Yesterday, the editors of My Life with the Taliban, Alex Strick van Linschoten and Felix Kuehn, appeared on The Leonard Lopate Show to discuss the book, its origins, the history of the Taliban and Afghanistan, present-day condition, and the extraordinary life of Abdul Salam Zaeef, which included fighting against the Soviets in the 1980s, working in a variety of administrative and leadership positions in the Taliban, and imprisonment at Guantanamo.
The book was also reviewed in the New Republic along with Decoding the New Taliban: Insights from the Afghan Field, edited by Antonio Giustozzi.
In the review David Rhode writes, “Both books offer important clues that could help to answer some of the most pressing foreign policy questions now confronting the Obama administration. Who are the Taliban? And can they be defeated, or convinced to lay down their arms?”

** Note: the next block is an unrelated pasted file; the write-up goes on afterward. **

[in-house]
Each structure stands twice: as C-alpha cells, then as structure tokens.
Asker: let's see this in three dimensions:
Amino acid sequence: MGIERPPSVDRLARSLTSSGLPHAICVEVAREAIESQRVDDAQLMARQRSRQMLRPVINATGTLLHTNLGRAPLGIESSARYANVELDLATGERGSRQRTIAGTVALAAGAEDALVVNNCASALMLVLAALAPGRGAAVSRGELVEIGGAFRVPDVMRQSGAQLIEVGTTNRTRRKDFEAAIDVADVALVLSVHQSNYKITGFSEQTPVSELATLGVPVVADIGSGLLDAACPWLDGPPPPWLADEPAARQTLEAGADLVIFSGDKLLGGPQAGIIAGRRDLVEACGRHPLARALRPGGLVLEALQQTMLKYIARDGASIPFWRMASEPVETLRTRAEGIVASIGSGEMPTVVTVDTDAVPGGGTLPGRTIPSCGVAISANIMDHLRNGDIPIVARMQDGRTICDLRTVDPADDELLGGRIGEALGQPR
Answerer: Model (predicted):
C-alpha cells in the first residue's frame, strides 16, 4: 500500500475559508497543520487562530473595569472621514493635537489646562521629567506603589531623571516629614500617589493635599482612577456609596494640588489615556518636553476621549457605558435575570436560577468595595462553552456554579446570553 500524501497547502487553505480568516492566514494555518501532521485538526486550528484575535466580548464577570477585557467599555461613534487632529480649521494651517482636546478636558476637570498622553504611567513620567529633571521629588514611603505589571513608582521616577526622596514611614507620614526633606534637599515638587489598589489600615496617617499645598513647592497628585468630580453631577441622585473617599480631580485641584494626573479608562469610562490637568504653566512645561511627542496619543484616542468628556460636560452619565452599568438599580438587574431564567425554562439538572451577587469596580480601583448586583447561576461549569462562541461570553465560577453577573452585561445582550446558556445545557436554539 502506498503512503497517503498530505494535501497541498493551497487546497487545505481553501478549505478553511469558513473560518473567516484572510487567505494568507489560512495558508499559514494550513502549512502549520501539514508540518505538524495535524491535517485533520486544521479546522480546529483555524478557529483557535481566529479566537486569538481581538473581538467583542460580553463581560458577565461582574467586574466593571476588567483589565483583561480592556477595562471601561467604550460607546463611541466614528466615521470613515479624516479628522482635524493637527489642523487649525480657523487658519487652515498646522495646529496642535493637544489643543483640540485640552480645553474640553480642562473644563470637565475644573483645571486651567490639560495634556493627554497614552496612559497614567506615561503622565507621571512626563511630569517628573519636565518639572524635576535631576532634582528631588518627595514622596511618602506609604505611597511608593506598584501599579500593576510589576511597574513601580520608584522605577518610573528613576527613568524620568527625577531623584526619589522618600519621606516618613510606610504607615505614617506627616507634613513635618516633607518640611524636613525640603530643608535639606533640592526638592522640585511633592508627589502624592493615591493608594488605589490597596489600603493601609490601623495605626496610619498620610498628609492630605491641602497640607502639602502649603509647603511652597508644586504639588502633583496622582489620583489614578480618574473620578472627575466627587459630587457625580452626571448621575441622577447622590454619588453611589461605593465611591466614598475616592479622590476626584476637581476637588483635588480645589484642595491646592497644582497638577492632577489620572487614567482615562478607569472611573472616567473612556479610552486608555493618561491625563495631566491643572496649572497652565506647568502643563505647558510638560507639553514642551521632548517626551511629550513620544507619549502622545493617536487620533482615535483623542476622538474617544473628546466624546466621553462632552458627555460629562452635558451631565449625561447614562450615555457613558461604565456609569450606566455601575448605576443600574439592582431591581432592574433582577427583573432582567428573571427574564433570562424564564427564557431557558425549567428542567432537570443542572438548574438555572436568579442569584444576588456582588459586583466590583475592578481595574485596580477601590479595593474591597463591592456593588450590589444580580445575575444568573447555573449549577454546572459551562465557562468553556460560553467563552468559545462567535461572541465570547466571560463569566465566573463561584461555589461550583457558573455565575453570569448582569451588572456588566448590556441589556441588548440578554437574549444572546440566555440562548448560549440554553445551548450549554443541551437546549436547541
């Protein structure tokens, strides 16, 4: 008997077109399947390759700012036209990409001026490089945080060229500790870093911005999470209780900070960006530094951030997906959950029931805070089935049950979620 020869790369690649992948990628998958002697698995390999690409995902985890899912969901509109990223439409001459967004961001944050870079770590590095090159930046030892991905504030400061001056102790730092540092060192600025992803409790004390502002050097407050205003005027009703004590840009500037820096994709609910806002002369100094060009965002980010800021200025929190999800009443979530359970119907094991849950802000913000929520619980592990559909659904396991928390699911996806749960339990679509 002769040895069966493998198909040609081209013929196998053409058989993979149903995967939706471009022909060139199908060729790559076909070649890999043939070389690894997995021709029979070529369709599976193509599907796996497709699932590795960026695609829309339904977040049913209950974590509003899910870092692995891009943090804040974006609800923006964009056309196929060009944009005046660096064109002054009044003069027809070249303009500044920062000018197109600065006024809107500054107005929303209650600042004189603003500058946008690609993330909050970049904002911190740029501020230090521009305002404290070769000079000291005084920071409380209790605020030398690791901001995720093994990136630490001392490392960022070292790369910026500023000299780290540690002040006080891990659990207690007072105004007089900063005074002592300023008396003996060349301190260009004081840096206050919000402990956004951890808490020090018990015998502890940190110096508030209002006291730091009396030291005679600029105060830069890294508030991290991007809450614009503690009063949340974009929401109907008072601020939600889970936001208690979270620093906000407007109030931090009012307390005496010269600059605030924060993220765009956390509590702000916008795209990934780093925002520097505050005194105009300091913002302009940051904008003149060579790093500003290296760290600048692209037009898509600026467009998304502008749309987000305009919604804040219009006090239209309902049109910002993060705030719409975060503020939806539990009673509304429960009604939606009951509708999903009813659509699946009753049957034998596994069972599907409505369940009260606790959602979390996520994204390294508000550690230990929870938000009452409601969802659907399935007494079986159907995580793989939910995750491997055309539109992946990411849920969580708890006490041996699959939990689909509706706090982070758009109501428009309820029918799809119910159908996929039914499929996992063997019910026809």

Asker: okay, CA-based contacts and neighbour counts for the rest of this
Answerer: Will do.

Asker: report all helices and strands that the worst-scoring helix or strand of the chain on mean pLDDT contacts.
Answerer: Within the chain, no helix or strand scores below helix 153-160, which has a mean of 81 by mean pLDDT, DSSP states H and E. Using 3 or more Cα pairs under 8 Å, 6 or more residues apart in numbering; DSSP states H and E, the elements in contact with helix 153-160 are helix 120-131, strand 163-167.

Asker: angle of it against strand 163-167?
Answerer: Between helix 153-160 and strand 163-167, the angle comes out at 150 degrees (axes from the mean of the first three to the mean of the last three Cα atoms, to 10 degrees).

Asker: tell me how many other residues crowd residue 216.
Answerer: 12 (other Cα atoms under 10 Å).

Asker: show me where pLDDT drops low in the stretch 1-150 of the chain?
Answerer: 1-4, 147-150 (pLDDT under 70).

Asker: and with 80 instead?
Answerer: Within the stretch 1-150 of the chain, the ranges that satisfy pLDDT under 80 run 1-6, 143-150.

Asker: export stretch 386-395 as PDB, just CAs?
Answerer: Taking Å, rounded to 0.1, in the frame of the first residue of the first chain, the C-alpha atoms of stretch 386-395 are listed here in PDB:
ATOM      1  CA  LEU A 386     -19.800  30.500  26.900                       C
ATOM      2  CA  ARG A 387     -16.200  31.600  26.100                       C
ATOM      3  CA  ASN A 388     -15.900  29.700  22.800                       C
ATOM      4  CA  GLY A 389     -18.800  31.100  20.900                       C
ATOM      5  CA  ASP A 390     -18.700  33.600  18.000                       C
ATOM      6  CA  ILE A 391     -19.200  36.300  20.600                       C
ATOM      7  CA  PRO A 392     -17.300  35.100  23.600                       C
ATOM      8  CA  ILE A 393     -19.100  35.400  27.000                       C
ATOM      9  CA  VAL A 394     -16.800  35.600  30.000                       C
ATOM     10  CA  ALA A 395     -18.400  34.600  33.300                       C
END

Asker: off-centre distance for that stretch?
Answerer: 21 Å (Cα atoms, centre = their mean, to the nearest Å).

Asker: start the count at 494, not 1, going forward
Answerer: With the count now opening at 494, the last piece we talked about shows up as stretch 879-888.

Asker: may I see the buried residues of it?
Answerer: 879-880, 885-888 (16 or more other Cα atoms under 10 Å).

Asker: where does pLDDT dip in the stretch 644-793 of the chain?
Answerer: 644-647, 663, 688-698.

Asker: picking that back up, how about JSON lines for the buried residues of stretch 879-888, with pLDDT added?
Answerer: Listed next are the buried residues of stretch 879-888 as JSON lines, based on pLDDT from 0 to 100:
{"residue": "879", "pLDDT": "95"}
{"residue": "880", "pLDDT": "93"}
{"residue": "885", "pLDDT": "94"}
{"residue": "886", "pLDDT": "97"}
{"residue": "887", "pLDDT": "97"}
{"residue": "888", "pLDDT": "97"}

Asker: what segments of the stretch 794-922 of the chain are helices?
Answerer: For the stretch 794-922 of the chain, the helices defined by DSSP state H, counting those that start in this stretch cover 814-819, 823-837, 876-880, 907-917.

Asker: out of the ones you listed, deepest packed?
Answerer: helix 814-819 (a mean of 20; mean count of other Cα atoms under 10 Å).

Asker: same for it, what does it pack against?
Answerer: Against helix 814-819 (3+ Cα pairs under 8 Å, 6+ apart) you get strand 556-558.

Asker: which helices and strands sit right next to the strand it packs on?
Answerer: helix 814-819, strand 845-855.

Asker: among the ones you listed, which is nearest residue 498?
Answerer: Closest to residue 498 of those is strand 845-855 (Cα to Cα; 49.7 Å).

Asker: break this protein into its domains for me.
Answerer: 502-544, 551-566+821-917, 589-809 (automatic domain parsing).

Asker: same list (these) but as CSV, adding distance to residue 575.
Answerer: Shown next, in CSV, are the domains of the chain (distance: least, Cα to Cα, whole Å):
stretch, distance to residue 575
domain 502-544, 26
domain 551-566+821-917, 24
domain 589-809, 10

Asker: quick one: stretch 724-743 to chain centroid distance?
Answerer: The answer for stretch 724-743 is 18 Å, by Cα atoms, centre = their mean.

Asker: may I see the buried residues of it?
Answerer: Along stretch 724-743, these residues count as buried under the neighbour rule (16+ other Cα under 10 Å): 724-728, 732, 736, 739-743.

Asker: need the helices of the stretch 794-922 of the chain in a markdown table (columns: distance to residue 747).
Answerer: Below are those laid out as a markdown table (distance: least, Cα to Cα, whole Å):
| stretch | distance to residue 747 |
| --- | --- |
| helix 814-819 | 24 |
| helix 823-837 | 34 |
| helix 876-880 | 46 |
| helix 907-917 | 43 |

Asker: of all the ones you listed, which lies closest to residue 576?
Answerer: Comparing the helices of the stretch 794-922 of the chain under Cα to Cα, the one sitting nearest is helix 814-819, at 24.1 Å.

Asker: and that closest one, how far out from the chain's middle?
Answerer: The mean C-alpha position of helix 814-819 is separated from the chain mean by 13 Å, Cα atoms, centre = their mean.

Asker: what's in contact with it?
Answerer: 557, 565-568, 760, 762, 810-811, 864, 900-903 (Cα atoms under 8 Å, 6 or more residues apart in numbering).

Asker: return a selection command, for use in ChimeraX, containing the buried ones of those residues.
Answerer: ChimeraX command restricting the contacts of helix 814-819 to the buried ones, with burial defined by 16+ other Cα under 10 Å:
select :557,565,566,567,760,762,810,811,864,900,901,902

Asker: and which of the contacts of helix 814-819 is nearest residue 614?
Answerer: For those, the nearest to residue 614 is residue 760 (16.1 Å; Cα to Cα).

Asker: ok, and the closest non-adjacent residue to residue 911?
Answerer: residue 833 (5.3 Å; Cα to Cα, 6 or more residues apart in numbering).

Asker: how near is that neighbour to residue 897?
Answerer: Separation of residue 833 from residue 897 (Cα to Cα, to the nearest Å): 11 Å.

In their very different ways, both books demonstrate that the Afghan Taliban have become significantly stronger, broader, and more sophisticated since they were toppled in 2001. They also suggest that the Afghan Taliban leadership is increasingly confident, as its military successes multiply and it continues to enjoy safe havens in Pakistan. And the books leave the reader to conclude that hard-line Afghan Taliban are unlikely to agree to a negotiated peace settlement, unless the surge of thirty thousand additional American troops in Afghanistan coincides with a serious military or political drive by the Pakistani government to pressure the Afghan Taliban on the Pakistani side of the border.